Don't print contracts or constitutions on this paper

With so many of today's offices filling their trash and recyclable bins with wasted paper—documents printed but never retrieved, pages blank except for a header that reads "page 2 of 2," etc.—Xerox Corp. (a staple in the photocopier and printer markets) is looking for a way to get those unusable sheets immediately back into circulation. Researchers at the company's Palo Alto Research Center (PARC) and Xerox Research Center of Canada are developing self-erasing, reusable paper, which the company demonstrated at a technology show it hosted recently in New York City. The chemical compounds in the paper form images when exposed to a specific wavelength of light (the company is developing a printer with a light source that can do this). In its present version, the paper self-erases these images in about 16 to 24 hours (faster, if exposed to heat) and can be used multiple times, according to NetworkWorld.com. The company admits it needs to do further work before it can bring the technology to market. For example, will faded words be legible under a microscope, exposing important information (such as Social Security numbers or passwords) thought to be erased?

Are those Buffalo wings hot enough for ya? Ask the nanotubes

Think you can handle that picante sauce sitting on a bar in front of you? Well, carbon nanotubes may soon be the judge of that. University of Oxford researchers have developed a way to measure the precise amount of capsaicinoids, the chemicals responsible for the hot taste of chili peppers, in samples of chili sauce using electrodes containing carbon nanotubes, according to a report in the Royal Society of Chemistry journal The Analyst. The researchers were looking for a way to clearly figure out how hot a particular food is without relying on the machismo of taste testers who would rather burn the skin off of their lips than admit something is too hot to handle. The scheme: put the chili sauce into a solution of ethanol and boric, phosphoric and acetic acids, then use the electrodes to measure the change in electrical current as the capsaicinoids are broken down. The greater the change in current, the hotter the sauce. Researchers say this method is more exact than the most popular method currently used, which involves adding increasing amounts of sugar water to pepper extract until the hot taste is no longer detectable. The more of the sweet solution you need, the hotter the peppers. That's known as the Scoville Organoleptic Test, in case you see it—or electrodes—on a pub menu anytime soon.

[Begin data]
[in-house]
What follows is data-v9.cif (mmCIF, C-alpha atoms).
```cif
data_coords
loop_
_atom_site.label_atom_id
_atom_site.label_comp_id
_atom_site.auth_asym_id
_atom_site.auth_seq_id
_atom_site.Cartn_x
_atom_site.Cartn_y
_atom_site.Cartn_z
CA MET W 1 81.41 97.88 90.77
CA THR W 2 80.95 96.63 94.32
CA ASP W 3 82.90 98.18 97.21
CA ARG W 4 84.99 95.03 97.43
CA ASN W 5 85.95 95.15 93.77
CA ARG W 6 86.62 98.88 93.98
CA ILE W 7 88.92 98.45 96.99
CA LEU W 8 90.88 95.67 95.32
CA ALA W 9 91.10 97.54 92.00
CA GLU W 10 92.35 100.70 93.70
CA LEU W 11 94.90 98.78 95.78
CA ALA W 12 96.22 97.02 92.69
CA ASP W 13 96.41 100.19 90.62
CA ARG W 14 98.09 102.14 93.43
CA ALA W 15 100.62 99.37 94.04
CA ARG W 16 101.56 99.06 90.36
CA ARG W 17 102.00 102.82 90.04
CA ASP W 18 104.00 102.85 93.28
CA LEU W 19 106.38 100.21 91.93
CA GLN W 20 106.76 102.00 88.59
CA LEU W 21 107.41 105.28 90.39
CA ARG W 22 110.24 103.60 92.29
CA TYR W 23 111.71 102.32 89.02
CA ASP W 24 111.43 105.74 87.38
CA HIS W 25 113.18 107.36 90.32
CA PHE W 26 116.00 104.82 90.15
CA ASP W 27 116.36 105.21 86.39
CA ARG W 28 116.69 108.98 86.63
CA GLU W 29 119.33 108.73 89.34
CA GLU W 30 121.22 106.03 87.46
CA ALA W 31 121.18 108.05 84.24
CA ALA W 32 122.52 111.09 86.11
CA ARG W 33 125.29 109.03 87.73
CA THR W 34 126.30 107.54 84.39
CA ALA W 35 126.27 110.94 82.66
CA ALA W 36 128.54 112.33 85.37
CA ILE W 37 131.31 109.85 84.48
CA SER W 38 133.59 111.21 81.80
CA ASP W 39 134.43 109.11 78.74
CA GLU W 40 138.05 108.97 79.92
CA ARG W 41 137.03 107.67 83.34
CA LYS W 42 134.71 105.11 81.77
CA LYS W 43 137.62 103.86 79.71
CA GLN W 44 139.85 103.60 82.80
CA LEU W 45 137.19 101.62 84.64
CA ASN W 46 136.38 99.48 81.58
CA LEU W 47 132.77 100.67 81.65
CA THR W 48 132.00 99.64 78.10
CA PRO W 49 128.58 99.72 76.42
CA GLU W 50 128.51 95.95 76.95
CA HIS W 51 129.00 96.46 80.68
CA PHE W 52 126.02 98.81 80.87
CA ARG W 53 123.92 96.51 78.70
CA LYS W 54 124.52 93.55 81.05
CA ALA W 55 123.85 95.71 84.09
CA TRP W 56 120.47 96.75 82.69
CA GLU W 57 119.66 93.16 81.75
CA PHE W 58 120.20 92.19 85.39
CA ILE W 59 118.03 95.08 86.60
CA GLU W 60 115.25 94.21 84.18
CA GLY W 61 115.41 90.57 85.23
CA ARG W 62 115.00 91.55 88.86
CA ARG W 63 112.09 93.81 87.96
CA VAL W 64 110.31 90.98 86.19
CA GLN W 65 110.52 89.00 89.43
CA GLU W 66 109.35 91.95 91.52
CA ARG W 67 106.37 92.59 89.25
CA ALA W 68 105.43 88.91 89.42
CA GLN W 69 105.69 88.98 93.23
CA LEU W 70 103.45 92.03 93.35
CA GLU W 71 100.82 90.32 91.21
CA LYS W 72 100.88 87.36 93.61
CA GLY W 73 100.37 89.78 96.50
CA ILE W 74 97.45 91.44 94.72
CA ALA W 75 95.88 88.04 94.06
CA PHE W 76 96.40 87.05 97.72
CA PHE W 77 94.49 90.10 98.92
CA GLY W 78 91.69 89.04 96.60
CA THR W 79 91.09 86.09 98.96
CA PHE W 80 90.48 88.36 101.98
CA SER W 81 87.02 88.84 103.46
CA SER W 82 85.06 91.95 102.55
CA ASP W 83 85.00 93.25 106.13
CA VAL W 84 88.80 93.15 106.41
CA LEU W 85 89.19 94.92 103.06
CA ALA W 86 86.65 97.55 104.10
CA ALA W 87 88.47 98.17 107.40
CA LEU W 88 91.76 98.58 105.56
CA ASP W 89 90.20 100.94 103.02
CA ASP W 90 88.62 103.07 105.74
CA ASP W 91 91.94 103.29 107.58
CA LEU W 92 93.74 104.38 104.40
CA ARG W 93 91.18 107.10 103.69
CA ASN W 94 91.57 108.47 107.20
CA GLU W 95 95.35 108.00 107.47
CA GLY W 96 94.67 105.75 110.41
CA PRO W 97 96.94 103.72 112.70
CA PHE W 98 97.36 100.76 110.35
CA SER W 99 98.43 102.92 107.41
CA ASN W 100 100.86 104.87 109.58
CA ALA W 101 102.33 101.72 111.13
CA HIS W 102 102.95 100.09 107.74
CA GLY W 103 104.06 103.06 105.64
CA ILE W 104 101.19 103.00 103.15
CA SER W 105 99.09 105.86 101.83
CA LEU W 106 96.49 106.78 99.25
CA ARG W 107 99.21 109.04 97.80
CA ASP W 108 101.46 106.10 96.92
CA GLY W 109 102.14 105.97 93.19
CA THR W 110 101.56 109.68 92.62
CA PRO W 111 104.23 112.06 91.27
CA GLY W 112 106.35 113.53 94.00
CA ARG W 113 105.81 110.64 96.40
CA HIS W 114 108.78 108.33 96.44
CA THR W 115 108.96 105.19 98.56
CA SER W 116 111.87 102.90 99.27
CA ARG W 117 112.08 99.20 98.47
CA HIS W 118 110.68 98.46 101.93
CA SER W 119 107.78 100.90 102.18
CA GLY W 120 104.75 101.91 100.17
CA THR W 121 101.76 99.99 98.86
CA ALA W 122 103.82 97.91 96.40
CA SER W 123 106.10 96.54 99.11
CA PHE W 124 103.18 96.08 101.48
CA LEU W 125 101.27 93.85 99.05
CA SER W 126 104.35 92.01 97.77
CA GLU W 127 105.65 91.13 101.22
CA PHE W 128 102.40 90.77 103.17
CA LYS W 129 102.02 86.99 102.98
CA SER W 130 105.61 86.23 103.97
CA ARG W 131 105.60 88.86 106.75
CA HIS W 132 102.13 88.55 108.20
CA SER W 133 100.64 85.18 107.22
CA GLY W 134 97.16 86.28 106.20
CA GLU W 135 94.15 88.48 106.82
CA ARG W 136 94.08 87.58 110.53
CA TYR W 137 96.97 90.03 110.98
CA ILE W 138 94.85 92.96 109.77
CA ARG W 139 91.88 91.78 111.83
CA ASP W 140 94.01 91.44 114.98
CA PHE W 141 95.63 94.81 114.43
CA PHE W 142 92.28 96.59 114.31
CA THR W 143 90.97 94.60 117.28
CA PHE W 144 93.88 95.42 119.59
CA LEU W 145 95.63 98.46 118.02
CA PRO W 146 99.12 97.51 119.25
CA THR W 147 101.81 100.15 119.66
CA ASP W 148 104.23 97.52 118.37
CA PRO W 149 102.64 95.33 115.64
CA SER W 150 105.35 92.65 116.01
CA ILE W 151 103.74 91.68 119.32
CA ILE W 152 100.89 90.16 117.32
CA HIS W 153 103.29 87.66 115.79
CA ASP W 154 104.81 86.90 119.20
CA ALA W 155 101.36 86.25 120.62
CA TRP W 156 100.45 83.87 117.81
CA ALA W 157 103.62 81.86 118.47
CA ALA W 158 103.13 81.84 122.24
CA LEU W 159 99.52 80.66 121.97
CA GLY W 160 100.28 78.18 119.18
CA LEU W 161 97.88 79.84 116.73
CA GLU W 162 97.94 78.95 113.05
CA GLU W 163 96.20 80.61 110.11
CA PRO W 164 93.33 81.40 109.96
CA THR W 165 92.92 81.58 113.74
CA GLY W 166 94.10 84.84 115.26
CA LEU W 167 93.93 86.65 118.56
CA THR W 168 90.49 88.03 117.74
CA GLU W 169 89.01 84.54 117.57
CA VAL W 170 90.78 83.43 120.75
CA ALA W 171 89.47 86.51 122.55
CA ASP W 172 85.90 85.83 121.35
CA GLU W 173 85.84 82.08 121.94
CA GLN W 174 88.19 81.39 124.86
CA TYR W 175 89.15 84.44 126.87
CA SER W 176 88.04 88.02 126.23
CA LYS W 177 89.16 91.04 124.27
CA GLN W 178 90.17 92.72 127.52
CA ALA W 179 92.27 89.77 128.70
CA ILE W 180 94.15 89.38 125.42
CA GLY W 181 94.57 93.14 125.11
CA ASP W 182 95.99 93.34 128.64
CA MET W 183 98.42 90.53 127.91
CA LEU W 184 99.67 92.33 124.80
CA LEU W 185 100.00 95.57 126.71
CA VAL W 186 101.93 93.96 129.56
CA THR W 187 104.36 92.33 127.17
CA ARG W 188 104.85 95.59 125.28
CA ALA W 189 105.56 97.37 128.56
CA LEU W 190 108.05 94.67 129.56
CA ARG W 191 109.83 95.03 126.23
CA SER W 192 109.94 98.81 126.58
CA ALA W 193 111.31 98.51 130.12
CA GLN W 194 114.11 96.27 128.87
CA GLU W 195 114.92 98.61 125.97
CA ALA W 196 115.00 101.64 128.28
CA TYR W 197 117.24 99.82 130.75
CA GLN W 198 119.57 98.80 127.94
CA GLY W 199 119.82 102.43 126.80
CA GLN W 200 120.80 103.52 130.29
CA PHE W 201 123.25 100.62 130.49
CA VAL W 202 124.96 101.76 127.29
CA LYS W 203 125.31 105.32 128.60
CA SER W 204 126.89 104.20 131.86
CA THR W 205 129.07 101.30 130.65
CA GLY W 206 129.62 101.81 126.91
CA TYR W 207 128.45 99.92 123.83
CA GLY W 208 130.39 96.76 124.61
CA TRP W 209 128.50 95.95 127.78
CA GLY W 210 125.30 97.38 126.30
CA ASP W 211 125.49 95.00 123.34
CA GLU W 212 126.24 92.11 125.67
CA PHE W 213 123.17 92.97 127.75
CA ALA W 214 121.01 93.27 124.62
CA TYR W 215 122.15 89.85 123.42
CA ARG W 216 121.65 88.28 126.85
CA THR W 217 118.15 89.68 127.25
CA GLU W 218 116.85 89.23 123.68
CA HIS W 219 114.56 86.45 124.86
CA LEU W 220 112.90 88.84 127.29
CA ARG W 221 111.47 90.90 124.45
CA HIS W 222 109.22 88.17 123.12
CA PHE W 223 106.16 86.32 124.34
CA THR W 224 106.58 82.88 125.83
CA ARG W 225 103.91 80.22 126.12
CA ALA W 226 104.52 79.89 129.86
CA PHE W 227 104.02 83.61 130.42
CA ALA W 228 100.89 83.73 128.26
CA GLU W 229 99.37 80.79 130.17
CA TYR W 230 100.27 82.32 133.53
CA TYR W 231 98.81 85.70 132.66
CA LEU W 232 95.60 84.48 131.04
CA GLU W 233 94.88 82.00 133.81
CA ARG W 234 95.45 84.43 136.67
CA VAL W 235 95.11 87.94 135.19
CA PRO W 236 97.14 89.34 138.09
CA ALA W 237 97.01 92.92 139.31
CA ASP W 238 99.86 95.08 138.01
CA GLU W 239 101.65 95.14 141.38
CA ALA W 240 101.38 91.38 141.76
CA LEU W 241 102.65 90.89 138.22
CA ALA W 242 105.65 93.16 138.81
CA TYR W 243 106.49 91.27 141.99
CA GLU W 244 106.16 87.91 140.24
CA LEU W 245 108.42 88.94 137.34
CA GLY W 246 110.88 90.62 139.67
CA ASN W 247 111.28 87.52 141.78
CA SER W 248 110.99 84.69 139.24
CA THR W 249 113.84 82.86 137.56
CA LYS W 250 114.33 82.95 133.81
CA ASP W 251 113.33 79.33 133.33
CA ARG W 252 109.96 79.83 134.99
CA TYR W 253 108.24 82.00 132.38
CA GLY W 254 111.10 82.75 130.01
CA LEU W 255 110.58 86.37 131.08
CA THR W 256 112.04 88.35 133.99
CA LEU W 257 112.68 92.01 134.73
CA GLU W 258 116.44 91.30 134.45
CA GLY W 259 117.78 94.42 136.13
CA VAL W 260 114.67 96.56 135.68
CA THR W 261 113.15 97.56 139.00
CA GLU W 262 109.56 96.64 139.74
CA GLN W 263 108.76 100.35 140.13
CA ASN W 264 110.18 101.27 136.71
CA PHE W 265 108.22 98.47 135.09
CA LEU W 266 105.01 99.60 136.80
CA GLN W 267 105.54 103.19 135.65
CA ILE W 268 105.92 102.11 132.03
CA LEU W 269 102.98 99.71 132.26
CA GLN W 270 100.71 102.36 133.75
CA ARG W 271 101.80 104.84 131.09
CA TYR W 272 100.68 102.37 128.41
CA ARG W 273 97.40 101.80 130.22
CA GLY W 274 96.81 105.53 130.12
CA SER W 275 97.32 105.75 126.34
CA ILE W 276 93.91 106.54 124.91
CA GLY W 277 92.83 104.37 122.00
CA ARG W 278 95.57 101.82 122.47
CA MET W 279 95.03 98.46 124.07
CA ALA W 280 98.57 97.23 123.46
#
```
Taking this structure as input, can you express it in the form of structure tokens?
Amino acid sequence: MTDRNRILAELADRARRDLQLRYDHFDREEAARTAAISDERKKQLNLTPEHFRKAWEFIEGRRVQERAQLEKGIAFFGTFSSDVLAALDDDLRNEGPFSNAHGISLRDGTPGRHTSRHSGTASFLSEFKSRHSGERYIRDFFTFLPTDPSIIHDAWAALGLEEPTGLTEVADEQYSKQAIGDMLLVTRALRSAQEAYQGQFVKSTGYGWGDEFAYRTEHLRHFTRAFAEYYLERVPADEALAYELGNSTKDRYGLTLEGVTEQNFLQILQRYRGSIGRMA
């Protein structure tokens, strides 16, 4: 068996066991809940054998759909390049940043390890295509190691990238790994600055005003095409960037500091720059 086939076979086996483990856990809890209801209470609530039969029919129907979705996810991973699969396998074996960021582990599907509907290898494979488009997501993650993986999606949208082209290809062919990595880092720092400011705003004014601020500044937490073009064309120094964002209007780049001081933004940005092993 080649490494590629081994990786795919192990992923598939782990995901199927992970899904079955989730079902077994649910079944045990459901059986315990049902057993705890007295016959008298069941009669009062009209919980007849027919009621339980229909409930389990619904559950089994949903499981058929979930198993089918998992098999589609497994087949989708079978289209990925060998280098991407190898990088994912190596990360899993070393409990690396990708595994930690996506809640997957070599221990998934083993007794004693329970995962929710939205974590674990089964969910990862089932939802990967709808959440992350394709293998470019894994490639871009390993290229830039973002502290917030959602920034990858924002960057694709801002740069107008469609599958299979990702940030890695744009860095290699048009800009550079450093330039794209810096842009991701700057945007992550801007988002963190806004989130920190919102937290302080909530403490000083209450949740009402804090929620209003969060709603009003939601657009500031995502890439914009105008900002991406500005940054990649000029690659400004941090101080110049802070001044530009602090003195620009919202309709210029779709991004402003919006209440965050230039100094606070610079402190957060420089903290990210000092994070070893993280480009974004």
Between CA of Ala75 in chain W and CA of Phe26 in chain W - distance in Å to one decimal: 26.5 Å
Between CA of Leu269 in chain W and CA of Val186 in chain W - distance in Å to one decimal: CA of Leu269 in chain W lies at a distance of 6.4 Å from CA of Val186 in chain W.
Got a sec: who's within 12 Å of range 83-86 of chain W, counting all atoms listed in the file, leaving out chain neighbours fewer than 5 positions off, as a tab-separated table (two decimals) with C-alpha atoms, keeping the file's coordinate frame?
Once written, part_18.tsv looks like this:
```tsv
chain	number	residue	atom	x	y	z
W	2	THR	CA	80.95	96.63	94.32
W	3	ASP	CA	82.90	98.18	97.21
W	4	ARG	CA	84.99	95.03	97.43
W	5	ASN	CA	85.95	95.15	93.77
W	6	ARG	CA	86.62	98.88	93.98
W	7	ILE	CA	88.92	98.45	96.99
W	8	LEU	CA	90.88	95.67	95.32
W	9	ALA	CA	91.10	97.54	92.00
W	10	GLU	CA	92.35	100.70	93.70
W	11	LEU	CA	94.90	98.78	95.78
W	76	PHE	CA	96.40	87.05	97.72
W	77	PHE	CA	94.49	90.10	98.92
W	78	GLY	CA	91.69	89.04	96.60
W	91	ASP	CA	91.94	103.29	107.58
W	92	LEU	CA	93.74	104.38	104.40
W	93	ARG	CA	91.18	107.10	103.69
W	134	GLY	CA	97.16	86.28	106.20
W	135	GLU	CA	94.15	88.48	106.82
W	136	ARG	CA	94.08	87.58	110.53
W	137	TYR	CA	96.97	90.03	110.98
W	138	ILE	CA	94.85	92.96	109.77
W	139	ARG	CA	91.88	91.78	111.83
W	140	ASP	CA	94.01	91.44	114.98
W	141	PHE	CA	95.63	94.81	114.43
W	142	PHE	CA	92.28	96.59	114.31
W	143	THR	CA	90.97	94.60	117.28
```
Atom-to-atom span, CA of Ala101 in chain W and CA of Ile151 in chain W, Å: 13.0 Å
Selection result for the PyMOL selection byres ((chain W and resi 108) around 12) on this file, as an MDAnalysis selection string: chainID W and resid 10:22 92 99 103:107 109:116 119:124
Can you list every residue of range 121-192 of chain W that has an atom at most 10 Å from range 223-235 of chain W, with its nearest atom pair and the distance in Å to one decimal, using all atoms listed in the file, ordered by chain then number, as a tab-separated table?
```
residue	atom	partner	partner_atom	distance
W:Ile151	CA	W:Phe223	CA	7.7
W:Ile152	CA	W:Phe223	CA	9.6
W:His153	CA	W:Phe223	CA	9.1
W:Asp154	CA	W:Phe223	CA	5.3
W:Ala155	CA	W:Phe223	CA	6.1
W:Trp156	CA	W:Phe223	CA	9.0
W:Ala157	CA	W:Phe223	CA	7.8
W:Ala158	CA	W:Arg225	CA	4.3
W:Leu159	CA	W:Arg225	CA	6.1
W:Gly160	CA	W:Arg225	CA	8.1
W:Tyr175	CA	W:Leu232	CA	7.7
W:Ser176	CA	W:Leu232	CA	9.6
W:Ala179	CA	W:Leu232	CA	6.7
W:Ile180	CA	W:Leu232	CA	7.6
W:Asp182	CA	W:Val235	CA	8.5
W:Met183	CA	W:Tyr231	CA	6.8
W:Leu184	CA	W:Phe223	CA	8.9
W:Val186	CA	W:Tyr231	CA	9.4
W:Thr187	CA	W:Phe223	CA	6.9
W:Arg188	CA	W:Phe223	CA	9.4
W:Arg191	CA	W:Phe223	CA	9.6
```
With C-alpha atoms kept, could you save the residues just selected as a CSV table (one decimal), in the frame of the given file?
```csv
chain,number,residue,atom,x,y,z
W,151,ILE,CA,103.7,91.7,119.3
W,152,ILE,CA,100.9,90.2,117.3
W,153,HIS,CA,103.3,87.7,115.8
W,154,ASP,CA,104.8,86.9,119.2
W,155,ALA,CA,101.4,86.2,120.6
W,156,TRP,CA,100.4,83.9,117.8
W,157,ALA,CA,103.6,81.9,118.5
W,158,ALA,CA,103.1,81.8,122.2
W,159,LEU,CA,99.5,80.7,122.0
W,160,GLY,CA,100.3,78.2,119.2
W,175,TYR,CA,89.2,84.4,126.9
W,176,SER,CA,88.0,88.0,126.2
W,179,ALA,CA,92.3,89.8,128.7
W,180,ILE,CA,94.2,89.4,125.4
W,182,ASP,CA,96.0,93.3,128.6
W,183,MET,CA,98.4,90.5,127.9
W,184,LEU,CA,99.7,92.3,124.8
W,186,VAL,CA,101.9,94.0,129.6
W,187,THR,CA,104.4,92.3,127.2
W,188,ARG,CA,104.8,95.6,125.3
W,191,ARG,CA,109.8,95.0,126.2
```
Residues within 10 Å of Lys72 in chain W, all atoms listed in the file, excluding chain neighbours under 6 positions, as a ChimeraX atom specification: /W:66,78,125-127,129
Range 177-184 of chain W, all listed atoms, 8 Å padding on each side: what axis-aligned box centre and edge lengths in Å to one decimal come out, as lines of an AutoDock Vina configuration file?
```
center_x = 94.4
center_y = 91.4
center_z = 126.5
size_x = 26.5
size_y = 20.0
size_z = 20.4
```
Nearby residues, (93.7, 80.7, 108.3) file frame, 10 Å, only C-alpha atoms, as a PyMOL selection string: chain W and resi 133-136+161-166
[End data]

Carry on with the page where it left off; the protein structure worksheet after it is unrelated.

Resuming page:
Study links autism in children to schizophrenia in parents

Autism can be inherited and is probably related to other mental illnesses, particularly schizophrenia, according to a new study. By examining 26 years of medical records that going back to 1977, researchers at the University of North Carolina at Chapel Hill (U.N.C.) found that the parents of 1,327 Swedish children with autism were twice as likely to have been hospitalized for mental illnesses compared with the parents of 30,000 healthy kids. The pattern was the same before and after the autism diagnosis—in many cases, the parents' troubles arose before their kids were born. This suggests, the authors wrote in the journal Pediatrics, that the link is genetic and not the result of mental strain from their offspring's behavior. Depression was more common in mothers of autistic children, but diagnoses of schizophrenia were twice as frequent for both mothers and fathers. U.N.C. School of Public Health epidemiologist Julie Daniels told The Wall Street Journal that the results show a "mental illness trend in families." She added that the difference in illnesses between parents and children are likely due to other genes or differing environmental exposures.